I am not familiar with Hong Kong ICAC, it seem well and good. But ASC is not ICAC. If it want to be like, then it should be set from the beginning with the same power and authority. But I guess it would not do to sound as "A committe appoint by the junta to investigate those who are unusally rich, but focus only on ex-TRT".

There are other political parties, politicians, and military men that should have represent a better investigating time (and taxpayer money) well-spent beside ex-TRT. Bias is to be expected from junta appointed committee, but this border on fanaticism.

hobby said...

IMO the ASC/ICAC/NCCC/Tax Revenue Office etc would be failing in their duty if they were not getting details of potentially suspicious transactions of all politicians, military, police & bureaucrats including former such office holders and their family & associates, including lawyers.

In the fight to stamp out corruption and tax evasion, I would go even further and make it mandatory for banks, real estate agents, brokers, lawyers, accountants etc to report all cash & foreign transactions above certain appropriate thresholds.

It may seem like an invasion of privacy, but if everything is legitimate and you have nothing to hide, then all it would take is a simple explanation to clear things up.

In the interests of less corruption & more transparency I would not have any objection to such investigations. I cringe every time I read about the 'unusually rich' in Thailand, and the clean up has to start ASAP.

Obviously I think the investigations should apply to all, and not be limited to political opponents. I also don't think the investigations should be leaked to the media until the person has been charged with an offense.

But that's all wishful thinking for Thailand, because after all, this is a country where someone like Samak appears to be a credible candidate for PM, so I don't hold out much hope of any improvement - just more of the same with different groups being in power at certain times dividing the spoils amongst themselves and squeezing their rivals.

matty said...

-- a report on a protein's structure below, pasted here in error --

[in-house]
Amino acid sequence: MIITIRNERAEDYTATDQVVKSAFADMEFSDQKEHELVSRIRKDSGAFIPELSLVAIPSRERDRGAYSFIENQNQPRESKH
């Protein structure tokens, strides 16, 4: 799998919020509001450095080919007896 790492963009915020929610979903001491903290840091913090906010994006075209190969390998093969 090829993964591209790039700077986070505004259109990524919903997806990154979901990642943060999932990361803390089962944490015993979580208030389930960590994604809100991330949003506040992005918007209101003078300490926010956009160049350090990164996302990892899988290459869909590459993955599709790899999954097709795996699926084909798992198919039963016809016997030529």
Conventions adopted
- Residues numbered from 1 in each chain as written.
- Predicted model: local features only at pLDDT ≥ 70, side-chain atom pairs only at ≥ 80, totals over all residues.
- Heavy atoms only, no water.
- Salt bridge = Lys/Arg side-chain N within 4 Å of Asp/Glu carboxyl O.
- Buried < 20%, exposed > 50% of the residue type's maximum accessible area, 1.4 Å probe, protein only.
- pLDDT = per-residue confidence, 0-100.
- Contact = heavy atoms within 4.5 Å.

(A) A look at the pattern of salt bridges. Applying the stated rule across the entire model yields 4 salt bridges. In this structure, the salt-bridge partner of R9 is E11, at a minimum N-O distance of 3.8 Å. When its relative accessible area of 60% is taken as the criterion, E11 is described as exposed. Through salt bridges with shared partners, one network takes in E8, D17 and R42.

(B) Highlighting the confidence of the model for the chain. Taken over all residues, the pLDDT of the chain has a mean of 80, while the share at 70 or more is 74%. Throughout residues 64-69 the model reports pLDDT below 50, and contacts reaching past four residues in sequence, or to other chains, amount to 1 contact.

Thailand's "unusually rich" politicians are prominent -- Samak, Chavalit, Chalerm, Banharn, et al.

Actually an income tax audit on these people would be revealing and entertaining. But will the Revenue Department dare do a tax audit on the these powerful figures???

Red and White said...

Fonzi,
I would have thought that the

ICAC
example was obvious: an Asian state with corrupt businessmen and groups influencing the trail of justice. It was still under colonial rule when the ICAC was formed so it was under common law.

I support privacy and human rights for anyone, but I also believe that anyone who is genuinely accused or gives officials genuine suspicion of criminal activity loses the right to say "Oi! That's my bank account, stop looking at it".

I support the scrutiny of any official, be they a lawyer of Thaksin or my other in law.
By the way, our own data protection act also

provides
for detection of crime.

matty said...

It's just common sense Fonzi. Most of Thaksin's nearly-legal capers were most certainly lawyers-inspired, lawyers-counseled and lawyers-researched. And certain lawyers may actually over-reach themselves from just legal counseling to actively abetting, helping his client to 'hide his assets' or be his client's 'nominee'?

But the lawyer can always sue of course . . encroaching on his privacy and civil rights, which is his prerogative.

svl said...

What is all the fuss Fonzi? Suspecting Thaksin's lawyer for being unusually rich should not be odd at all. If we recall Thaksin's 'honest mistakes', Thaksin had made his cook and driver billionaires . . . so why NOT his lawyers?